But David also could have said, “no, I’m gonna pass on seeing Samuel the anointer kings. I’m gonna skip that because there’s no way it’s me.” But he made the walk. Samuel waited, and David came. David left his work, he got his sheep all situated and made the journey back to his home. He faced the possible rejection head on because it was God’s call. What do you need to do to follow God’s call on your life? What seemingly unattainable thing is God calling you to do today? What sheep is he calling you to leave behind? What responsibilities are holding you back? Is there a group of people like David’s family that is holding you back? Who are they and can you just walk away? And it’s not really can you do it, it’s can you trust that God can do it?

When we say no to God’s call, we’re saying “God there’s no way that you can make me of worth enough to do this thing.” You are saying that God is not big enough to make you a good writer, a good friend, a leader, a teacher, a boss, whatever it is. God can do all things, he can, and he will. He is only in the business of taking small dreams and under-qualified people, and using them for his glory because then only he can boast. I can’t say I’m a great writer because of this, this, and this. I can say I write because God asked me to, because God wants to use me to say something to his people. He wants to use me in my home, with all my kids, with ministry, with friends, with family, and he wants me to say yes. He wants you, in your life, to say yes. 

“So Samuel took the horn of oil and anointed him in the presence of his brothers, and from that day on the Spirit of the Lord came powerfully upon David…”   1 Samuel 16:13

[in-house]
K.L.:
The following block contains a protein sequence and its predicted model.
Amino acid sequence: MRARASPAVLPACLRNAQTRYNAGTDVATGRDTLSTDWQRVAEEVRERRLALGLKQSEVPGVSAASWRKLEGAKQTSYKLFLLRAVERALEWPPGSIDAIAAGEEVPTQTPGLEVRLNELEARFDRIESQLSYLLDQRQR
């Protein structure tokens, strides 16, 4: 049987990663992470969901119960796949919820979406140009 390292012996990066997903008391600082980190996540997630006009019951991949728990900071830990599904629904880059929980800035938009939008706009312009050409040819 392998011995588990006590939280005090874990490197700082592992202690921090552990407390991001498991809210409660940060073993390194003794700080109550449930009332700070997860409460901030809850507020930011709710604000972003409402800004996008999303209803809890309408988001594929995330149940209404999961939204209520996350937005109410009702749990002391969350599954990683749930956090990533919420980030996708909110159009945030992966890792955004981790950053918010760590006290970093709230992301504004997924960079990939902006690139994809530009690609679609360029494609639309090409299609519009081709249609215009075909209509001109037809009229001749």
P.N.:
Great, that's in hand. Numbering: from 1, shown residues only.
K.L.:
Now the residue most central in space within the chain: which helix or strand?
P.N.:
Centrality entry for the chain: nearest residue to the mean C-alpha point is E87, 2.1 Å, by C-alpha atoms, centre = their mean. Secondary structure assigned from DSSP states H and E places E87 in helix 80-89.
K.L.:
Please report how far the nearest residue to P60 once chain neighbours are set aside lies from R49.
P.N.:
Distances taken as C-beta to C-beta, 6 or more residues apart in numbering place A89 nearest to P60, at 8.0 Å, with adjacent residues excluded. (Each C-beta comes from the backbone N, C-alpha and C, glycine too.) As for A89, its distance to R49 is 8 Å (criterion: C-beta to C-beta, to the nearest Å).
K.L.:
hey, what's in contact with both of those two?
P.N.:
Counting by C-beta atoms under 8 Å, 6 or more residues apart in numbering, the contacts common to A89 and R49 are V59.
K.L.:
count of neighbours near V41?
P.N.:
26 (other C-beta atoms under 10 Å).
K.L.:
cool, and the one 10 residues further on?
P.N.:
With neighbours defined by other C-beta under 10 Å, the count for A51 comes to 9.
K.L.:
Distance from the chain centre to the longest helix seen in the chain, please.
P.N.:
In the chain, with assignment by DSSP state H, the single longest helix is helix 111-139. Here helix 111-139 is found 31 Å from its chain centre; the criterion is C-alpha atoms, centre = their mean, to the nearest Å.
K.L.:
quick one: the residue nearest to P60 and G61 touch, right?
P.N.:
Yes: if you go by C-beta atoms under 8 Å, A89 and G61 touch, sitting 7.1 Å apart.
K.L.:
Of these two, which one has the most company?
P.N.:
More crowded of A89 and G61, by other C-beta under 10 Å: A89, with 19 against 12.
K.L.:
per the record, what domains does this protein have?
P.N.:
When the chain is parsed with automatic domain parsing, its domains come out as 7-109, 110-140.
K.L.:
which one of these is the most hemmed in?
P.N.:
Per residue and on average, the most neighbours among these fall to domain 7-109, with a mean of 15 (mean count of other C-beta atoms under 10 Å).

From the moment he was anointed, the spirit of the Lord was with him. Once you follow that call, once you take that first step and accept what he is asking you to do, he will be with you. There is no question that the spirit of the Lord was with David from this point on. If you follow a call, accept the task the Lord is asking you to do, he will be with you. David didn’t know what it would look like to accept being anointed king. He didn’t know that he’d have to wait many years, hide from the current king who was trying to kill him, and go into battle more times than he could count. He accepted the anointing, even though he didn’t know what it would like. 

When I set out to write, I didn’t know what this journey would look like. I still don’t know if I’ll blog forever, if I’ll write a book, if I’ll stop all this in two years and be glad for the experience. I don’t know, and David didn’t know, but I know God called me to write this right now. I know he prepared me and he called me. I do not have a masters in creative writing, or a few published books under my belt, but I have the Lord’s strength, the Lord’s words, the Lord’s power, and that is what I need. That is all David needed, and that is all you need today. 

Week 2: David and Goliath: 1 Samuel 17

  1. How has God shown himself faithful in your life? Think of past events that seemed hopeless, or bigger than you in which God was faithful.
  2. How have these events formed your present faith in God? What Goliath are you facing today that can be defeated by the small stones of His past faithfulness? 


  1. I love this! This part of David’s story has always been a favorite. I can’t tell you all the Goliaths I’ve faced, but I have been inspired by David’s faith in God each time. The giants I face today are typically related to self worth as a stay-at-home mom. I am constantly assured of God’s graces and purposes for my life from family and friends and devotionals like this one. Thank you!